Need more info to diagnose.
Since hams do not broadcast but transmit, when scanning you have a lower chance of hitting an active frequency than the scan function on your regular AM/FM radio. The ham radio only knows to stop when there is a carrier present and will just roll through frequencies if nothing is going on.
So you need to sit on a frequency for a while to hear something, especially simplex. Repeaters have to identify themselves periodically and the CW you heard was probably one identifying itself. Most will give their call signs in Morse every 10 minutes because it's quicker, clearer and can be done simultaneous underneath people talking.
I guess, what is your question more specifically? Are you wondering if your radio is working?
Easiest way I know to check is tune the NOAA weather stations. There are 7 frequencies that the NWS uses to broadcast the weather and they are the same across the country. Which one is used locally depends on how near another NOAA station is, they want to make sure two stations on the same frequency are plenty far apart that you will never hear both.
There are about 4 that you can hear in Denver. The main one is in Glendale at 162.550. It should come in very loud, the RX level should push the bars all the way over and you'll probably hear it even without an antenna.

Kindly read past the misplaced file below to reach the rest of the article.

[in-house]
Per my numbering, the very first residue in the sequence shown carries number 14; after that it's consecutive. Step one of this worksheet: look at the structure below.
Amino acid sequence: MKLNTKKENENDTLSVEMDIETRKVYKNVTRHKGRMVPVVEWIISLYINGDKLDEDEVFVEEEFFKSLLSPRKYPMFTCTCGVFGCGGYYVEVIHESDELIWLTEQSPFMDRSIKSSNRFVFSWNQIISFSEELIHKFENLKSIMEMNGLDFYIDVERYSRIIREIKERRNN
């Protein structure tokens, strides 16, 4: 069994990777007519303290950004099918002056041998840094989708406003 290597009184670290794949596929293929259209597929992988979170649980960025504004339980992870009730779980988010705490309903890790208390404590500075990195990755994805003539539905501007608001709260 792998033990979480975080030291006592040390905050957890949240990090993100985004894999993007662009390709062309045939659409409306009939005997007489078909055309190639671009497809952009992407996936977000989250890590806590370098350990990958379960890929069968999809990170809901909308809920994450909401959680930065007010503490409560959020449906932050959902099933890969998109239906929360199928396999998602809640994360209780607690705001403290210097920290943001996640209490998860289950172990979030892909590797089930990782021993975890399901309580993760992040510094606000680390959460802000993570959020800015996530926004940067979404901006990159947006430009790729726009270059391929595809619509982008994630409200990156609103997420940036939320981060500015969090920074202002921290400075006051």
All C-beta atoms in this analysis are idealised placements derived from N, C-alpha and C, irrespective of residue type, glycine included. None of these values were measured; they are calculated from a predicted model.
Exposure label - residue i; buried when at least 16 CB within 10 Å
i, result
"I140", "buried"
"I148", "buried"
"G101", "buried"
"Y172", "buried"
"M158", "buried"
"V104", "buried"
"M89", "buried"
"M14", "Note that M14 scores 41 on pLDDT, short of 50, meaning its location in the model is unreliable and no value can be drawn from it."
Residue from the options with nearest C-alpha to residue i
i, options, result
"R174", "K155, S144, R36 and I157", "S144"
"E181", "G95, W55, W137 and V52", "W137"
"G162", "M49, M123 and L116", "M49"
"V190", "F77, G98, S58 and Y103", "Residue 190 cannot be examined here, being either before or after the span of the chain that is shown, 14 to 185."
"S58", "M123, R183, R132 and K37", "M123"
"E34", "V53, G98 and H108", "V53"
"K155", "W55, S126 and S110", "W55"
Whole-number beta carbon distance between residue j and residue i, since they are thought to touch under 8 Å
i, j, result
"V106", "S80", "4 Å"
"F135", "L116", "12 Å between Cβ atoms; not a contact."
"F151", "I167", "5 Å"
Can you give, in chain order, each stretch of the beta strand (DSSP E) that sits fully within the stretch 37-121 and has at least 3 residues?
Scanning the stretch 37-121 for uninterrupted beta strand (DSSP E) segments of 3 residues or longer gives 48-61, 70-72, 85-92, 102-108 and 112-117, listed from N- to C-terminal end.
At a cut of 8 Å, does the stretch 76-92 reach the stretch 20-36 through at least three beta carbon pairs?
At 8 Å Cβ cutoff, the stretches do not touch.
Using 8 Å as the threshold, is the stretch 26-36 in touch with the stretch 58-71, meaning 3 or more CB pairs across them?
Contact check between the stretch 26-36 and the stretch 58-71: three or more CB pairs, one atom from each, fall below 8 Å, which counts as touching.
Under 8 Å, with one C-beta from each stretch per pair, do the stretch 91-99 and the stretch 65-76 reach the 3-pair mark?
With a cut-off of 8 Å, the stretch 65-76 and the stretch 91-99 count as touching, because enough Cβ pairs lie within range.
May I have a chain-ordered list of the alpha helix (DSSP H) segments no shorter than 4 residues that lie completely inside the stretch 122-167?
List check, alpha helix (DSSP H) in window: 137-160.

But you can also hear stations at 162.500, 162.475 and 162.525 with varying strength. If you can hear all of them then you can assume that your installation is probably OK, at least good enough to try transmitting or using a SWR bridge to dial in your antenna. If you don't hear more than one then you might have a short or open in the antenna or feedline.
How sure are you that you installed the coax connector correctly? It's easy to mess those up, not enough heat and you get no solder flow, too much heat you melt the coax dielectric and ruin it.
"Why does the U.S. care which flag will be hoisted on a small piece of land thousands of miles away?" -- Ron Paul